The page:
Peritonsillar abscess is an infection of the Weber's gland resulting in tissue necrosis and pus formation. [3] It usually involves the soft palate and the anterior tonsillar pillar with contralateral deviation of the uvula. Potential complications of PTA can be life-threatening, such as airway obstruction, hemorrhage from erosion or septic necrosis into the carotid sheath. To avoid life-threatening complications, incision and drainage of PTA and appropriate antimicrobial therapy are important. Penicillin plus metronidazole, ampicillin plus sulbactam or clindamycin are usually used as empirical antibiotic therapy followed by 10 days regimen of oral antibiotics. The clinician should adjust the antimicrobial therapy closely if empirical antibiotic therapy fails to improve the clinical condition. [4] We hypothesize that the period of antibiotic therapy for K. pneumoniae PTA should be longer than usual to prevent hematogenous spread, as occurred in our patient.

Pyogenic liver abscess is a common intra-abdominal infection in diabetic patients. [5] The infection is usually caused by direct extension from nearby structures as the biliary tract or hematogenous spread from remote infectious sites such as an appendix or diverticulum. Fever is the most common symptom and may be the only sign of PLA in the elderly. Diagnostic studies of the right upper quadrant of the abdomen, such as abdominal ultrasound or contrast-enhanced CT, should be a part of the examination for detecting PLA. Percutaneous drainage combined with intravenous antibiotic treatment is the cornerstone of successful treatment.

Klebsiella pneumoniae, a Gram-negative rod with a large antiphagocytic capsule, accounts for most septic metastatic infections in PLA patients, especially in Taiwan. [6] The mechanism by which K. pneumoniae translocates to the bloodstream and liver is unclear. The Klebsiella bacteremia is associated with capsular serotype K1/K2 strain. [5] On the other hand, mucoviscosity-associated gene A or regulator of mucoid phenotype A gene may play an important role of virulence factor of invasive characteristics of K. pneumoniae. However, the pathogenicity of K. pneumoniae has not been disclosed thoroughly. [7] Extrahepatic abscesses have been reported in many areas, including the eye, lung, pleura, kidney, prostate, meninges, epidura, brain, bone, skin, soft tissue and spleen. K. pneumoniae liver abscess results in bacteremia in 95% of cases and distant metastasis via hematogenous spread in 7-12% of cases. [5],[6],[8] Blood is supplied to the liver from the hepatic artery and portal vein, which act as natural filters of bacterium. The tonsils venous drainage is by the peritonsillar plexus, which drain into the lingual and pharyngeal veins, which in turn drain into the internal jugular vein, then into the arterial system. In our case, the patient was no fever or any other discomfort during the interval of hospital visiting after the first antibiotics therapy for PTA. We considered that K. pneumoniae from PTA was hematogenous spread through arterial system to the liver in our patient.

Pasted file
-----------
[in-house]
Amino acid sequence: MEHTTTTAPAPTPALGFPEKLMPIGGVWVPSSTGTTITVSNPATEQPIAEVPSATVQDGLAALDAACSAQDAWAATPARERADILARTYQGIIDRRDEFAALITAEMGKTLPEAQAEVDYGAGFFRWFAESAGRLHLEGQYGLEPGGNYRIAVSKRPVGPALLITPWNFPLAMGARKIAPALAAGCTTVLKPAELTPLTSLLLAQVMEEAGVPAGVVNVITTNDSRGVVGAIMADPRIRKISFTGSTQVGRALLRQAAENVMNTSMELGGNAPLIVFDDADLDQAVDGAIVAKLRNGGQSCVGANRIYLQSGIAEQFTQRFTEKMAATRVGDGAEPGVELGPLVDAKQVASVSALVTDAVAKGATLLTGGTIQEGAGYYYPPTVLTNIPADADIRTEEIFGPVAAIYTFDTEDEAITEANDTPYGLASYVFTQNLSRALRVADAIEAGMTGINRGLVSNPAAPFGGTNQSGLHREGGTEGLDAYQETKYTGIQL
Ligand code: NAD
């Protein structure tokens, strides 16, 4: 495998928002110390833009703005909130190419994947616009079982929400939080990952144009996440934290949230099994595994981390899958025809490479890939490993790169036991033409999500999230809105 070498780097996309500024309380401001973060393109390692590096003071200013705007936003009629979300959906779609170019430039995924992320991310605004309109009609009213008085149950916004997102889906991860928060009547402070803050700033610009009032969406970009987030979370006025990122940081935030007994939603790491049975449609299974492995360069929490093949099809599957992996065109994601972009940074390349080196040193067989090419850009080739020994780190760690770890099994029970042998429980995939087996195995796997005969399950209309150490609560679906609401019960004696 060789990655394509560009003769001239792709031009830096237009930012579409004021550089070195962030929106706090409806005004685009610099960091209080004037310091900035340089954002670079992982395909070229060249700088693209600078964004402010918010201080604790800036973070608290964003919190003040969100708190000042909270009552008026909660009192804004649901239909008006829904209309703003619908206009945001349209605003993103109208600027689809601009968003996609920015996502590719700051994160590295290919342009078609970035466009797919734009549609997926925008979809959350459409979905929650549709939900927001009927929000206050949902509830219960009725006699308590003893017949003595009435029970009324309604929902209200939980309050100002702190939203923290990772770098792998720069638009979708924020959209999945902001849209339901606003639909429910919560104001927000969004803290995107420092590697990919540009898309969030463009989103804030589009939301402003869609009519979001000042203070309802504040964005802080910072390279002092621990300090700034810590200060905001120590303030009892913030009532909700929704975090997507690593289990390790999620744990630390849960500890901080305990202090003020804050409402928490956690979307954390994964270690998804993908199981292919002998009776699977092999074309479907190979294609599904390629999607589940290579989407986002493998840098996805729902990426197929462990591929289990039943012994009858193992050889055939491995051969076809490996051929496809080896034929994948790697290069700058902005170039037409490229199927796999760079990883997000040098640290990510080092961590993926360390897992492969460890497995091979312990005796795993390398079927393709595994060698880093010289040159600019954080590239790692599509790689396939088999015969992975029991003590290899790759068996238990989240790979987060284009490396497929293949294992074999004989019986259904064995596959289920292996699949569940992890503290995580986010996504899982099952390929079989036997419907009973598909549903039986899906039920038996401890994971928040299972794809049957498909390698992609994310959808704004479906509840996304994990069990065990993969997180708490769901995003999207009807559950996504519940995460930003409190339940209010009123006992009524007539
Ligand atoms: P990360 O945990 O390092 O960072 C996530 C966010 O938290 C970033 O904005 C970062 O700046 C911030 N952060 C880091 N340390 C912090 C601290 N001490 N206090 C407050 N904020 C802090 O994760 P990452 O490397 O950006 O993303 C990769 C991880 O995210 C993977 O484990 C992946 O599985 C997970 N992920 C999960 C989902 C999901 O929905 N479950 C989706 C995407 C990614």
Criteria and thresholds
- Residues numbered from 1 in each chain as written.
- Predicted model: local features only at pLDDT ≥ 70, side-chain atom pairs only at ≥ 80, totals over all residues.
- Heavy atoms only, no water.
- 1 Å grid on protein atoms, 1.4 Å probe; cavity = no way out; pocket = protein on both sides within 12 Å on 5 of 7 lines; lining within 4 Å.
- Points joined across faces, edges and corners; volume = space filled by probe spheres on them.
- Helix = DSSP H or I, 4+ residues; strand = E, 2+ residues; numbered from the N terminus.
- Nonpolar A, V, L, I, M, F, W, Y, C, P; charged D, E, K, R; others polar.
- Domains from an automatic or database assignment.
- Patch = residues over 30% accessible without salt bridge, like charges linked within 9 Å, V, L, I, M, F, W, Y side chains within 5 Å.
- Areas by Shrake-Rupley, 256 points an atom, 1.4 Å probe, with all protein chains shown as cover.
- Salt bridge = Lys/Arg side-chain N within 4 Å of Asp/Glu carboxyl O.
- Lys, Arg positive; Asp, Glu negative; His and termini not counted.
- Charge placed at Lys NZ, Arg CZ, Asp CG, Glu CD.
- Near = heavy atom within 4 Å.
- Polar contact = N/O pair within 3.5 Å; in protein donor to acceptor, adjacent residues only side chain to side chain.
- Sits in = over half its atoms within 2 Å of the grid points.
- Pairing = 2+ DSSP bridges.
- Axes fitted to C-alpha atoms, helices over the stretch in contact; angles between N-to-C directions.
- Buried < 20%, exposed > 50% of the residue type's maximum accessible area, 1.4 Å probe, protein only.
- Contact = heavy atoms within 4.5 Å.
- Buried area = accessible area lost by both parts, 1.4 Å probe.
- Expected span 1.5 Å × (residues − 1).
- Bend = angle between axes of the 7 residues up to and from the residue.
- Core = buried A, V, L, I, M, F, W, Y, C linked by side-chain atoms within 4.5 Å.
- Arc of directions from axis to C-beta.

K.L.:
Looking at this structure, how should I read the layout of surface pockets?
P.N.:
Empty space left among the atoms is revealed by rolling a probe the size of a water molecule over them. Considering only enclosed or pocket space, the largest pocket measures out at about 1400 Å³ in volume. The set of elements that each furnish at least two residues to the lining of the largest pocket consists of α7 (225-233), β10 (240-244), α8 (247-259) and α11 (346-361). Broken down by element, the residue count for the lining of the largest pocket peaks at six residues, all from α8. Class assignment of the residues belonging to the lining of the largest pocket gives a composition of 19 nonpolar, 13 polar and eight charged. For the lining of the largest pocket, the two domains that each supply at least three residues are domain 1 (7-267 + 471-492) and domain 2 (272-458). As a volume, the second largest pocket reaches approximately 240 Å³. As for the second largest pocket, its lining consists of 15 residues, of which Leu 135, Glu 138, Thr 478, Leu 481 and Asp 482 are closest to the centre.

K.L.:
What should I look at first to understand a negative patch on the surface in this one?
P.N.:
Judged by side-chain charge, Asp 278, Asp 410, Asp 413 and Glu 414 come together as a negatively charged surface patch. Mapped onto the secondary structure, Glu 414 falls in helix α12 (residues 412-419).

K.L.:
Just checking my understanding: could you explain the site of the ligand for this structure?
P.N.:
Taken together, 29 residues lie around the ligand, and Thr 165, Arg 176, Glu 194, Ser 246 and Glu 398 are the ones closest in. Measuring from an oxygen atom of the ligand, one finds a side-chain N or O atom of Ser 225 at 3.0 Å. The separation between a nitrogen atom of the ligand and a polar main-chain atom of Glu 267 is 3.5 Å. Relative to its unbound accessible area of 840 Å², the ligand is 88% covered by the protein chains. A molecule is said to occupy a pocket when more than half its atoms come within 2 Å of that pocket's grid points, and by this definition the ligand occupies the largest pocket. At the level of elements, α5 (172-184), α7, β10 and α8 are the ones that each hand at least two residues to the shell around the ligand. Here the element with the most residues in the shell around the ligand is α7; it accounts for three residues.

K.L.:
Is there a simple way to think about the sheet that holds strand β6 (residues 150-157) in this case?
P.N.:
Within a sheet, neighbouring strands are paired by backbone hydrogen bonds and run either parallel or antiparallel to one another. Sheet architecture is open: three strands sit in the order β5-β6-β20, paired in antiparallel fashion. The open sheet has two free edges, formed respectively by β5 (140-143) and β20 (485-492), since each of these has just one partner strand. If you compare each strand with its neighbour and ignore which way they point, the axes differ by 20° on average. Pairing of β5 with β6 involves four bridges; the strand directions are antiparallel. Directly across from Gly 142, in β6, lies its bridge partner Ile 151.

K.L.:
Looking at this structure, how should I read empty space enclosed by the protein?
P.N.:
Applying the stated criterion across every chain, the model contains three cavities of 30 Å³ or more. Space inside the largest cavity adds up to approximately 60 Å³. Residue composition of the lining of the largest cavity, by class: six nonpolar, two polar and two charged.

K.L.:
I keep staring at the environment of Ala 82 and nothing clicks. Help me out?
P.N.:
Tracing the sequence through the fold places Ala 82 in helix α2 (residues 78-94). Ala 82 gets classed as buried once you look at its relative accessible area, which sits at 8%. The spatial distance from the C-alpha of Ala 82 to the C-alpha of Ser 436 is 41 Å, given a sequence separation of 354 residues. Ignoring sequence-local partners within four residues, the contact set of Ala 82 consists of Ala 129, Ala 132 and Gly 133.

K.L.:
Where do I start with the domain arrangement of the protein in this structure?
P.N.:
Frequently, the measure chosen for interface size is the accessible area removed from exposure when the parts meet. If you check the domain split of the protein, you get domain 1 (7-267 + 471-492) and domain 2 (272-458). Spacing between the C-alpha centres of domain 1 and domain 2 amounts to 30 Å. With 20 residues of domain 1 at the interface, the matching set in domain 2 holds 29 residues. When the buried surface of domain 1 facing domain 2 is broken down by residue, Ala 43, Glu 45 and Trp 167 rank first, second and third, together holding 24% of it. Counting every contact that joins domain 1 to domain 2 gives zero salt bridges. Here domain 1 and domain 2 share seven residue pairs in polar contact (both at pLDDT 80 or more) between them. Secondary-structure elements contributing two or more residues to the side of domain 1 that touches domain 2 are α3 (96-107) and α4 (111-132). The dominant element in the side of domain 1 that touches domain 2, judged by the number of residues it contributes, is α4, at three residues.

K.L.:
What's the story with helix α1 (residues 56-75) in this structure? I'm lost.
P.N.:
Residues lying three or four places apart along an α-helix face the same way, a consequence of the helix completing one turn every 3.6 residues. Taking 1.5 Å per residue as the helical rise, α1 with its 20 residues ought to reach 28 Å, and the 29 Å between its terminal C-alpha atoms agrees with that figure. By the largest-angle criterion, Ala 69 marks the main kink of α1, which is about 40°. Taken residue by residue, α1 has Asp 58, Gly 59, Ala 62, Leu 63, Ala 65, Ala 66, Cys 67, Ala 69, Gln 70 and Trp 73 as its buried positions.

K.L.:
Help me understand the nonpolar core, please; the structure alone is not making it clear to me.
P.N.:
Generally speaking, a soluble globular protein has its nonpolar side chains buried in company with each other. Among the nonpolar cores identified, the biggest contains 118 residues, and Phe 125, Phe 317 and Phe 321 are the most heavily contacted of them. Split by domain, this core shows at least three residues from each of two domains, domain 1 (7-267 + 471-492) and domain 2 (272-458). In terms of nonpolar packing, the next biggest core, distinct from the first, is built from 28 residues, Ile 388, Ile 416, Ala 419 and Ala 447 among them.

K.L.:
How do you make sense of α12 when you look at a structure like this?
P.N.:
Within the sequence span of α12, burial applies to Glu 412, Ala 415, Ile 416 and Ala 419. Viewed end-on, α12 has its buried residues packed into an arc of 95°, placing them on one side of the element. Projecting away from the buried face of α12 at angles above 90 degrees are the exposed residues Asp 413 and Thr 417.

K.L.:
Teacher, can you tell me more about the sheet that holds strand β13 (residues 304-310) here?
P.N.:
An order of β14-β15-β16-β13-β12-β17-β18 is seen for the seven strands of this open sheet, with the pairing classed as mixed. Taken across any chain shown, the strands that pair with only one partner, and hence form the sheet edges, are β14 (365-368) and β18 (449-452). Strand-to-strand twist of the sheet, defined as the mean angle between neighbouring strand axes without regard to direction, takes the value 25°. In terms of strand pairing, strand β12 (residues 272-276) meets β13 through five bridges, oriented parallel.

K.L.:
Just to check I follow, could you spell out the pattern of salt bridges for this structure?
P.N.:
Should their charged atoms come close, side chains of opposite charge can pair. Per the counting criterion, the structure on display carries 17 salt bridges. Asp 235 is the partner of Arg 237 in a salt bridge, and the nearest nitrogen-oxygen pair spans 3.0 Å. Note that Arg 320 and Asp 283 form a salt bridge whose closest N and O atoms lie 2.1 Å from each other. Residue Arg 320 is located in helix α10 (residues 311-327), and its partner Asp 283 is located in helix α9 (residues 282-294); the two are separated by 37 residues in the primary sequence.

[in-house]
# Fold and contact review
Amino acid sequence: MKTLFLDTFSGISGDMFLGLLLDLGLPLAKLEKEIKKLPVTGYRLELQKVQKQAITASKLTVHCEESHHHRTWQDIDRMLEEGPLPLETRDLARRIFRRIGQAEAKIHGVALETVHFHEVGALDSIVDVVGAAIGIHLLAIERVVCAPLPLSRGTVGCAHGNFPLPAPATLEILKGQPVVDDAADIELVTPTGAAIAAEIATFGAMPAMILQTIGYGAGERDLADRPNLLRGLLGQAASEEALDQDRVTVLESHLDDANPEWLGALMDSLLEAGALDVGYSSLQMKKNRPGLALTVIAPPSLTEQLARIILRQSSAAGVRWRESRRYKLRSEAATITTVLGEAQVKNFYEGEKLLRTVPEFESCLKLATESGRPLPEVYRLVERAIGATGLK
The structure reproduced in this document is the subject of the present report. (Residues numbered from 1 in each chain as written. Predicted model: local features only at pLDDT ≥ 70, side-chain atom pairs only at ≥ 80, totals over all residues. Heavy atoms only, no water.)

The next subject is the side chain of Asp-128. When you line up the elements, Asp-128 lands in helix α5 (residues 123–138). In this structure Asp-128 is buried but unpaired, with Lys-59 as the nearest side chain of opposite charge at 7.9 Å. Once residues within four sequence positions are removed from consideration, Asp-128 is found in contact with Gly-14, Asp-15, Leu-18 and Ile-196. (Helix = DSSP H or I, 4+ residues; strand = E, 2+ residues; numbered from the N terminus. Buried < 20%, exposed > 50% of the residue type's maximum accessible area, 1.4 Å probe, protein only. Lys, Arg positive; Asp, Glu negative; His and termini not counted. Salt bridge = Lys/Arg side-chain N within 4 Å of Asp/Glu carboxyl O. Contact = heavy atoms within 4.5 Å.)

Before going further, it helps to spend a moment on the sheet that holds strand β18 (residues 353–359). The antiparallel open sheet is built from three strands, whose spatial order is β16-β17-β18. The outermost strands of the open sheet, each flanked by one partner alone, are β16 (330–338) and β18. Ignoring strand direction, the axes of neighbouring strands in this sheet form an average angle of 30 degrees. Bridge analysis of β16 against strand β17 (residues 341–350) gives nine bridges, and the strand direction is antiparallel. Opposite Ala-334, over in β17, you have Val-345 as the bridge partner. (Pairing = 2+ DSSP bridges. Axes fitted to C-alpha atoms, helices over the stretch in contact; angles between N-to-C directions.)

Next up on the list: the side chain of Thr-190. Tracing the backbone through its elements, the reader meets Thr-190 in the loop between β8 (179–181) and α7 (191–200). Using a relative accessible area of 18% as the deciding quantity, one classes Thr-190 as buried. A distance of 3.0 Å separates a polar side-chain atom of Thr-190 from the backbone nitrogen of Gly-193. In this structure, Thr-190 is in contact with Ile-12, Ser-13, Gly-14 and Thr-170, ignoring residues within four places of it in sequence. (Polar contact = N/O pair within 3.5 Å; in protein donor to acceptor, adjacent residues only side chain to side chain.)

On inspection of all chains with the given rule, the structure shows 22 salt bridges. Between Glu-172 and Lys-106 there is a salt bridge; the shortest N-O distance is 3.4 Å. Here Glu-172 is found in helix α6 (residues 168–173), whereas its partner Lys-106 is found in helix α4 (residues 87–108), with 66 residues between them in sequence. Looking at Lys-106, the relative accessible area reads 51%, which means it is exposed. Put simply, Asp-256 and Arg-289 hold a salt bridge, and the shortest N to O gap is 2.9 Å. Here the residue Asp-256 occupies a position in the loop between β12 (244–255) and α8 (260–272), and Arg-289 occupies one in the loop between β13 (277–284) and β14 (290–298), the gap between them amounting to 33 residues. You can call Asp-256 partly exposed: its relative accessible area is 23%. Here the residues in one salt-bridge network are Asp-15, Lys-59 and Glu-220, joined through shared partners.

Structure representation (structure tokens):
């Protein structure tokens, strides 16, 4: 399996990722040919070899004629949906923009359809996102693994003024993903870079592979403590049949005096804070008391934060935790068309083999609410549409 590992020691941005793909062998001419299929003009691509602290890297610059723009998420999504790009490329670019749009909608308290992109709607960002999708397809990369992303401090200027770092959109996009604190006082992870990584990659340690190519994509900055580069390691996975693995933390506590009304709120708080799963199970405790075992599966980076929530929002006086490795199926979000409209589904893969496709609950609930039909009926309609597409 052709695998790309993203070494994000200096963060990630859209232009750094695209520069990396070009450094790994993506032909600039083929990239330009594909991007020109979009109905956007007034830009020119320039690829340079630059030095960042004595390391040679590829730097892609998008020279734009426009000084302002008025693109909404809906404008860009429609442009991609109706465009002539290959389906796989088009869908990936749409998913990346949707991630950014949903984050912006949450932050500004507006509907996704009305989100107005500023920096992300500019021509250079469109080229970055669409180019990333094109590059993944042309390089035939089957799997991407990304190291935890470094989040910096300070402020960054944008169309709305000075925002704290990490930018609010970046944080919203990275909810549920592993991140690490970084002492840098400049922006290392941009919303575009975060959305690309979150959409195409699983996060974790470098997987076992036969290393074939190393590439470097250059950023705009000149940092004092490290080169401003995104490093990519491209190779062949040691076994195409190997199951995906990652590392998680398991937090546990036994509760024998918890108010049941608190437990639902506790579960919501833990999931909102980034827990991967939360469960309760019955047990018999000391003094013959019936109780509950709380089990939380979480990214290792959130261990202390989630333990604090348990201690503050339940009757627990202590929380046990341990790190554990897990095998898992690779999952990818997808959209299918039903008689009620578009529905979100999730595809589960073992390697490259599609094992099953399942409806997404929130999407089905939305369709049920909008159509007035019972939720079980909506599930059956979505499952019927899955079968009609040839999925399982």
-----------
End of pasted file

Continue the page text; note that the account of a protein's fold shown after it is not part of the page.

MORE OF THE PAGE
Conclusion Top

Our case highlights the importance of K. pneumoniae PLA in patients with a recent history of K. pneumoniae PTA who present with fever of unknown origin. Abdominal ultrasound should be performed early to detect PLA in such patients, even if they are immunocompetent.

  Conflict of Interest Statement Top

The author declares no conflict of interest. The authors have no commercial associations or sources of support that might pose a conflict of interest.

  References Top

1.Galioto NJ. Peritonsillar abscess. Am Fam Physician 2008;77:199-202.  Back to cited text no. 1
2.Huang KJ, Kuo WR, Wang LF, Wang LF, Lee KW, Chiang FY, et al. Head and neck space infection - An analysis of 154 cases. J Taiwan Otolaryngol Head Neck Surg 2003;38:109-14.  Back to cited text no. 2
3.Herzon FS, Martin AD. Medical and surgical treatment of peritonsillar, retropharyngeal, and parapharyngeal abscesses. Curr Infect Dis Rep 2006;8:196-202.  Back to cited text no. 3
4.Brook I. Microbiology and management of peritonsillar, retropharyngeal, and parapharyngeal abscesses. J Oral Maxillofac Surg 2004;62:1545-50.  Back to cited text no. 4
5.Ma LC, Fang CT, Lee CZ, Shun CT, Wang JT. Genomic heterogeneity in Klebsiella pneumoniae strains is associated with primary pyogenic liver abscess and metastatic infection. J Infect Dis 2005;192:117-28.  Back to cited text no. 5
6.Wang JH, Liu YC, Lee SS, Yen MY, Chen YS, Wang JH, et al. Primary liver abscess due to Klebsiella pneumoniae in Taiwan. Clin Infect Dis 1998;26:1434-8.  Back to cited text no. 6
7.Pourcine F, Baudel JL, Decré D, Dahoumane R, Bigé N, Alves M, et al. Klebsiella pneumoniae liver abscesses. Lancet Infect Dis 2013;13:392-3.  Back to cited text no. 7
8.Lederman ER, Crum NF. Pyogenic liver abscess with a focus on Klebsiella pneumoniae as a primary pathogen: An emerging disease with unique clinical characteristics. Am J Gastroenterol 2005;100:322-31.  Back to cited text no. 8